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Top tips for talking to men about their wellbeing
Despite growing awareness, suicide remains the single biggest killer among men under 50 in the UK.
According to mental health charity Ben, men are three times more likely to take their own lives than women.
Figures published by the National Records of Scotland revealed that there were 112 suicides in Lanarkshire last year.
Of these deaths, 79 were among men and 33 were among women, with 50 in South Lanarkshire – down five on 2019 – and 62 in North Lanarkshire – up five on 2019.
To mark Men’s Mental Health Awareness Month in November, leading mindfulness and mental health app Headspace has shared top tips for talking to the men in our life about their wellbeing.
They suggest how to support men and help them to open up and create safe spaces to encourage them to discuss mental health concerns and their own mental wellbeing.
Mindfulness and meditation can also help to create solace and comfort, by being able to step back and acknowledge one’s emotions.
Some ways you can suggest your friends or family members to weave mindful moments into their days and routines include:
– Taking a pause; step away from your current task, stop, pause, close your eyes, and take a few deep breaths. Take the time not only to reset and recharge the mind but also to reconnect with yourself.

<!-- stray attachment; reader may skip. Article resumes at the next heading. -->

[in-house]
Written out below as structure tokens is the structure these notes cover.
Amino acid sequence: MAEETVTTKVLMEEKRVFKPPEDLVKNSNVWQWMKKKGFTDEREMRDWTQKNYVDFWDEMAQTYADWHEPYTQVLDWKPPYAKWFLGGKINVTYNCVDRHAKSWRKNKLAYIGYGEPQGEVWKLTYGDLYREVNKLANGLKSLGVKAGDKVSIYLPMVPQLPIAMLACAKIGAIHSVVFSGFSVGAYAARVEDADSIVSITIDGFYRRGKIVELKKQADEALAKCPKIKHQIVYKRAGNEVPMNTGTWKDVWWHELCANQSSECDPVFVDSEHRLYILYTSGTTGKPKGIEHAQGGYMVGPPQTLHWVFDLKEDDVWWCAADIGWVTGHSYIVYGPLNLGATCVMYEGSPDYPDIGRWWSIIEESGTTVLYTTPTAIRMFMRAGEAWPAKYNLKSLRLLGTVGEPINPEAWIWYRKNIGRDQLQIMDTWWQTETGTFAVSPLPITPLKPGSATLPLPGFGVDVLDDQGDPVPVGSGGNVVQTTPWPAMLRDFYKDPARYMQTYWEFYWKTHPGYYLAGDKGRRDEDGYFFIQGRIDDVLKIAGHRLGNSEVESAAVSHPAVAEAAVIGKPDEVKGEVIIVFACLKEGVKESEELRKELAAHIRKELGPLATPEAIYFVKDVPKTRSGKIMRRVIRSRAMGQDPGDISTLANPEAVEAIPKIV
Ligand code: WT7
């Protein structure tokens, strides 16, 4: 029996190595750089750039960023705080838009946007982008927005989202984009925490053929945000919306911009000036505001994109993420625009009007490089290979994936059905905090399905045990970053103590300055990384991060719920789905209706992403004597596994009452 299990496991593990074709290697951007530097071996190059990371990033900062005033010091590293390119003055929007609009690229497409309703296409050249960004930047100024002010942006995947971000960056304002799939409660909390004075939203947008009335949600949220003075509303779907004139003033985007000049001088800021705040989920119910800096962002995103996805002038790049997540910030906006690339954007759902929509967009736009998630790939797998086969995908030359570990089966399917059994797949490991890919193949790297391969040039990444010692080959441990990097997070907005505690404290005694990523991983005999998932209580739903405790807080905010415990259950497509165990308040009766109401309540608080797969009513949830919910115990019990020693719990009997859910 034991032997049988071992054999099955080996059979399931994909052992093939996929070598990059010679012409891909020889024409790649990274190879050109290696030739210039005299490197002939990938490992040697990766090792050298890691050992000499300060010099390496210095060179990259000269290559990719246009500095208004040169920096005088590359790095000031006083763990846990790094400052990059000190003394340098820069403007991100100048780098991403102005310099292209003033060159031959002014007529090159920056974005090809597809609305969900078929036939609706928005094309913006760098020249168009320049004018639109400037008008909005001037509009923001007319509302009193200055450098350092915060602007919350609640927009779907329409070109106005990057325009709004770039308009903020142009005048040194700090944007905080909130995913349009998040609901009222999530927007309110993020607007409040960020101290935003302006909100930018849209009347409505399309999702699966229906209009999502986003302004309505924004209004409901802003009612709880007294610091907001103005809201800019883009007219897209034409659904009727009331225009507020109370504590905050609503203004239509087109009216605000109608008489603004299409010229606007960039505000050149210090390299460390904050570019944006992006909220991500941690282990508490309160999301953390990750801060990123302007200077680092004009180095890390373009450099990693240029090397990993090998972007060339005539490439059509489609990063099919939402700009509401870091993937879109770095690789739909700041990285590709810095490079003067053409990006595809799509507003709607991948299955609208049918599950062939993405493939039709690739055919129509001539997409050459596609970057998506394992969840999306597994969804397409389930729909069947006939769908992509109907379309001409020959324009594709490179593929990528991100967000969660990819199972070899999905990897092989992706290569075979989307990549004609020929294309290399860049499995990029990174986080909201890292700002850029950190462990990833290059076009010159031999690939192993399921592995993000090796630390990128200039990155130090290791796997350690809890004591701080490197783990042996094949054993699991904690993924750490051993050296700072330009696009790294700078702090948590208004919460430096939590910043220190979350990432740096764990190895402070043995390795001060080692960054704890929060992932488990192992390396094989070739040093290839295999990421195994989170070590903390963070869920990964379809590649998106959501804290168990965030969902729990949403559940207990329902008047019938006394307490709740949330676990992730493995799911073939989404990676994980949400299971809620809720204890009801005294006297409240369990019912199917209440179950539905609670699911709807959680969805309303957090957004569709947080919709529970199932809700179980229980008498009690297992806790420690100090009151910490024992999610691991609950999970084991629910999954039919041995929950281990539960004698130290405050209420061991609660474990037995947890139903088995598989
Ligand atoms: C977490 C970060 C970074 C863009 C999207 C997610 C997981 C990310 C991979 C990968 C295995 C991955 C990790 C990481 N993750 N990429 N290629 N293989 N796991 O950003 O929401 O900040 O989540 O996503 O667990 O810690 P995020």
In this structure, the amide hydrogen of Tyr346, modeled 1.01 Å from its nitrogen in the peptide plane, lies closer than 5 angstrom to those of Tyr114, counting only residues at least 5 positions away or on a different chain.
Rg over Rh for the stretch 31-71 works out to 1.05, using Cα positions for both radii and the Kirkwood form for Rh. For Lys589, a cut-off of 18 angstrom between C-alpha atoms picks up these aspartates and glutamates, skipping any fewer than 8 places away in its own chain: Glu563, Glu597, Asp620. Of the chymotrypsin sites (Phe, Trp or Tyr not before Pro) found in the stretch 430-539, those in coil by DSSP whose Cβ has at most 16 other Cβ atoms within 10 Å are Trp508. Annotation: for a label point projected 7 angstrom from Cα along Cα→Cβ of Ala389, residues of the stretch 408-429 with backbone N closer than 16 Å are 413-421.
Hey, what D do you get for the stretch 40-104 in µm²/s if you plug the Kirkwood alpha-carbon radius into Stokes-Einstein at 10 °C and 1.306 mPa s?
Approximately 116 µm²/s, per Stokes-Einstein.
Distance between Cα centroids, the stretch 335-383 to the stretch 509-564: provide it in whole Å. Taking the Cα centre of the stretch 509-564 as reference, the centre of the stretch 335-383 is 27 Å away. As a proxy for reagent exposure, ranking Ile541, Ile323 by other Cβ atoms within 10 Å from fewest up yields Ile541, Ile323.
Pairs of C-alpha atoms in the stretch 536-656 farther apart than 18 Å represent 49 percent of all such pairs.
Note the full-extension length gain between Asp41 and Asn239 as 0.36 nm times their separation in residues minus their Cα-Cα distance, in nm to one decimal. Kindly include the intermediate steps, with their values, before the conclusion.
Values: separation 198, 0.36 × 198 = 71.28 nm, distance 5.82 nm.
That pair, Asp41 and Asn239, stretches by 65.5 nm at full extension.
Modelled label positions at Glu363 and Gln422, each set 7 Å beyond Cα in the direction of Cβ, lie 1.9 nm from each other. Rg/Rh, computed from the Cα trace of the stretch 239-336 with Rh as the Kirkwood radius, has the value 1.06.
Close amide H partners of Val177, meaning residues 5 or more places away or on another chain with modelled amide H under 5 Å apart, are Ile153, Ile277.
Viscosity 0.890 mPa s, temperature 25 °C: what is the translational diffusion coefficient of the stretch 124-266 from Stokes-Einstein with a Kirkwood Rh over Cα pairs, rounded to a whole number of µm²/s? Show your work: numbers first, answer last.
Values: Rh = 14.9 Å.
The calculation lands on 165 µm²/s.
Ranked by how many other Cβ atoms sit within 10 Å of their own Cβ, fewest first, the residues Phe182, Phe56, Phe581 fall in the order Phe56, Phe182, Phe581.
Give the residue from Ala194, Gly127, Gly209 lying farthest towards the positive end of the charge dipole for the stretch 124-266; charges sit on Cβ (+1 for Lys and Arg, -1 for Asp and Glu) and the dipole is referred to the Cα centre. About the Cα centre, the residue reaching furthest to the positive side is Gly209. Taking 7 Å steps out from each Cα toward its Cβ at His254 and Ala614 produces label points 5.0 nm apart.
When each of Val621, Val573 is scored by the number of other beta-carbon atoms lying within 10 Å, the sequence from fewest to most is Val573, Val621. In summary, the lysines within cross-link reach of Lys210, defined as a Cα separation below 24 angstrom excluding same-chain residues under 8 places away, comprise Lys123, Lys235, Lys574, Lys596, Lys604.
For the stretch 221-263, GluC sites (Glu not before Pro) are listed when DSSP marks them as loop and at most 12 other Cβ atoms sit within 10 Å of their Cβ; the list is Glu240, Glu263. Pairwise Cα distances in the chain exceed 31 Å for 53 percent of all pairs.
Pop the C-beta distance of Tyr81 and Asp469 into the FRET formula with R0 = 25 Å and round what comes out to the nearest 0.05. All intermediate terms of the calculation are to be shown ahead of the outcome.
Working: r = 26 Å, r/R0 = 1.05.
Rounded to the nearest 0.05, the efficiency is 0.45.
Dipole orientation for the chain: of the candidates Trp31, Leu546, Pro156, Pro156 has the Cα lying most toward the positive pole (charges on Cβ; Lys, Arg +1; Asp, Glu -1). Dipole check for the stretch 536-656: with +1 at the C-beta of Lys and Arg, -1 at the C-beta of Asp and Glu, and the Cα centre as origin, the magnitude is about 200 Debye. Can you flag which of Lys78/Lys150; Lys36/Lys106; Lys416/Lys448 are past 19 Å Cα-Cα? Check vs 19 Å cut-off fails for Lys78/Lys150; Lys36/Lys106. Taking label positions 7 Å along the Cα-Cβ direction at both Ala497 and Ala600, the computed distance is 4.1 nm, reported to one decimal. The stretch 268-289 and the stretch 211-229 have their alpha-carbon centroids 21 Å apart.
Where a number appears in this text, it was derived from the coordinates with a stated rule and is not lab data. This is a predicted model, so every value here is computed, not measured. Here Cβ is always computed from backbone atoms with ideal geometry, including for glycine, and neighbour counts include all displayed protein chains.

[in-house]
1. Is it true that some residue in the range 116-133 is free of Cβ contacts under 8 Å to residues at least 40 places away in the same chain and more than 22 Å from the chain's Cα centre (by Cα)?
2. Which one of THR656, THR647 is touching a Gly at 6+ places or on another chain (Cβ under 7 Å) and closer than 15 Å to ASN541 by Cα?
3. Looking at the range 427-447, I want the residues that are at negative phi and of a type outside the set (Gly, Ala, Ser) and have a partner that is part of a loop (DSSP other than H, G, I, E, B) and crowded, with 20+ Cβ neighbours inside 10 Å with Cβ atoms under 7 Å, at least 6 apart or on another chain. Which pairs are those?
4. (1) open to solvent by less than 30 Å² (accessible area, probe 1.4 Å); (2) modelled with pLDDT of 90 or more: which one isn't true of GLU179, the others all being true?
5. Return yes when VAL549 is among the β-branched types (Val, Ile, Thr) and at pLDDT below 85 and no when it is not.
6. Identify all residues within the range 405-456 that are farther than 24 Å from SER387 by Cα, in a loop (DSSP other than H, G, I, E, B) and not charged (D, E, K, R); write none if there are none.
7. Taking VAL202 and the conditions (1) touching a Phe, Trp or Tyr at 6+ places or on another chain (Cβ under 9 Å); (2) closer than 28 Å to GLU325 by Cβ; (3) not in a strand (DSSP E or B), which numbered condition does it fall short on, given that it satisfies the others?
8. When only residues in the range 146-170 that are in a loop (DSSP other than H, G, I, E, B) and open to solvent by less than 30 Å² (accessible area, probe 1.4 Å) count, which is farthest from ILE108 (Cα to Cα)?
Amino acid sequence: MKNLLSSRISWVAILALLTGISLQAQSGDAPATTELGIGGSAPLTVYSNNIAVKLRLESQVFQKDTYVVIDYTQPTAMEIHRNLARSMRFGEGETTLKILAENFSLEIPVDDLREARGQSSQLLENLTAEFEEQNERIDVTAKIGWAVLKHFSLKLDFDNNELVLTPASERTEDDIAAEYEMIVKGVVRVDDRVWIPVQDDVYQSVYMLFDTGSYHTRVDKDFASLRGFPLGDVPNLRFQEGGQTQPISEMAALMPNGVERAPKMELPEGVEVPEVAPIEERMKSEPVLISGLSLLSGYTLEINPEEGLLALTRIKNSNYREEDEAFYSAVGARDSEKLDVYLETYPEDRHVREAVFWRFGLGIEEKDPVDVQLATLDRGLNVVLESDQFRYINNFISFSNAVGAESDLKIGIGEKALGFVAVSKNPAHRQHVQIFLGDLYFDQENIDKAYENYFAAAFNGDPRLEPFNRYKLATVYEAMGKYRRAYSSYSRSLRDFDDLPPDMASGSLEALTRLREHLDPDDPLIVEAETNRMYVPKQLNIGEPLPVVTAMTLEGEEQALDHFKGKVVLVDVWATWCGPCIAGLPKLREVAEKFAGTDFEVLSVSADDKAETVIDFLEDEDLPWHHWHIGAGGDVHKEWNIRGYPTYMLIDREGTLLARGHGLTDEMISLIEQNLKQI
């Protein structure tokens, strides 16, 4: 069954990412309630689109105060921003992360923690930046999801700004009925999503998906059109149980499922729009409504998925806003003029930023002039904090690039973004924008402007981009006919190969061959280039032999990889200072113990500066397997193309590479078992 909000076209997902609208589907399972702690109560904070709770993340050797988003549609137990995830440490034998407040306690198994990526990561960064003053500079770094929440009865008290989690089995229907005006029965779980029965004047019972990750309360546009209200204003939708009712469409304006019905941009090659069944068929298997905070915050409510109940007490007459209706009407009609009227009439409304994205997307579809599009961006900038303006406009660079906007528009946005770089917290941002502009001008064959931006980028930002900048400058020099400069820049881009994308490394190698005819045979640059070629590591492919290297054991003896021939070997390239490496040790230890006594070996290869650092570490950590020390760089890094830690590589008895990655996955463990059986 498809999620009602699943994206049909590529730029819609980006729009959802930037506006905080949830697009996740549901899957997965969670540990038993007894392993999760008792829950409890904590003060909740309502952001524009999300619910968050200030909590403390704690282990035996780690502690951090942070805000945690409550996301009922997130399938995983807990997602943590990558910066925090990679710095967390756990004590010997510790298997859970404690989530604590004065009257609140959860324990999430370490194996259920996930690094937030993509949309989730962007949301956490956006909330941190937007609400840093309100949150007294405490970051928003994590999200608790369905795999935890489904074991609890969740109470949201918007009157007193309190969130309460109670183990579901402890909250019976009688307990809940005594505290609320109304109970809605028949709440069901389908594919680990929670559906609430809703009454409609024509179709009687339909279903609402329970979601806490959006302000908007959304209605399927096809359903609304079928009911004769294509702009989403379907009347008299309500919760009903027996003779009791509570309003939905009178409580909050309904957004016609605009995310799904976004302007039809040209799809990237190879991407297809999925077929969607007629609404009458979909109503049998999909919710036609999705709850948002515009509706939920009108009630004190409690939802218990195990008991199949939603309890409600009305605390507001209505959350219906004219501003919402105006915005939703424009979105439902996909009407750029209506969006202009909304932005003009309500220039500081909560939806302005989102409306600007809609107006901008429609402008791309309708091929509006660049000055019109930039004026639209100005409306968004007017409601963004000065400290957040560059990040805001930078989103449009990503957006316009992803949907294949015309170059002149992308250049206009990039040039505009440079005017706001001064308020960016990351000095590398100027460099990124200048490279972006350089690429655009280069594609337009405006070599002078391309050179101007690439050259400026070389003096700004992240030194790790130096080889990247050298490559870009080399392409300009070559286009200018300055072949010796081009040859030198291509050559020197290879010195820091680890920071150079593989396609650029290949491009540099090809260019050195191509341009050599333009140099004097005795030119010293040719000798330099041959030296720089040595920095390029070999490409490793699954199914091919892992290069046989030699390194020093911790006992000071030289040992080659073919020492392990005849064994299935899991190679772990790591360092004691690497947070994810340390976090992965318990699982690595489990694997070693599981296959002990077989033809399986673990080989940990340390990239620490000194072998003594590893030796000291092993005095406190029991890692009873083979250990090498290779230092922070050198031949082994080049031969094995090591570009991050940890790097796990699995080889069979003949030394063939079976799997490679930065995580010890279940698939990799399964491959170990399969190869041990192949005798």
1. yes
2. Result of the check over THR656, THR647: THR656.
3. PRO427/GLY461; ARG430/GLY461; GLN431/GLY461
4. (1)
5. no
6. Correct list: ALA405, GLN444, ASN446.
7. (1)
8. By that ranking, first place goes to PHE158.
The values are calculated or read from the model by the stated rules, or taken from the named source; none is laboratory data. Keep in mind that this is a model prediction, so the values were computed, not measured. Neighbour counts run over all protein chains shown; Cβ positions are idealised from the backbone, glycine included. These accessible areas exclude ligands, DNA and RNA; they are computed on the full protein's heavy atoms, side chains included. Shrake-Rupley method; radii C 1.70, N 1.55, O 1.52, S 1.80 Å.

– Check in with your body; you can use a specific meditation technique called the “body scan”, scanning the body from head to toe to notice how you physically feel.
– Judging less; when you realise you’re getting caught up in overly critical thinking or overwhelming thoughts, catch yourself, note it and let it go.
– Being active; movement can boost our feelings of happiness and wellbeing. This can be as simple as a mindful walk around the block or being out in nature.
Jolawn Victor from Headspace said: “People in the UK are still not comfortable talking about their mental health.
“Despite the obvious effects of the pandemic on people’s mental health, 54 per cent of people still haven’t talked, and won’t talk, to anyone. Only six per cent of people have reached out to someone for the first time during Covid to talk about their mental health (according to research conducted by Headspace in October 2020).
“For men, the idea of talking about mental health can be even more daunting. Male suicides remains the biggest killer of men under 50 in the UK, and three times as many men die by suicide than women.
“When we feel those energy dips, it’s helpful to get moving and introduce some activity – even if it’s just standing up and stretching a bit or going outside to experience some fresh air.
“If you’ve been moving around a lot already then it might help to sit down and actually let your body rest while you allow your mind to focus on the present.
“The goal is to pay attention to what your body and mind need and create routines that support you in taking a break that is actually restorative.”
If you are worried about suicide, or someone who may be at risk, call the Samaritans on 116123 or Breathing Space on 0800 83 85 87.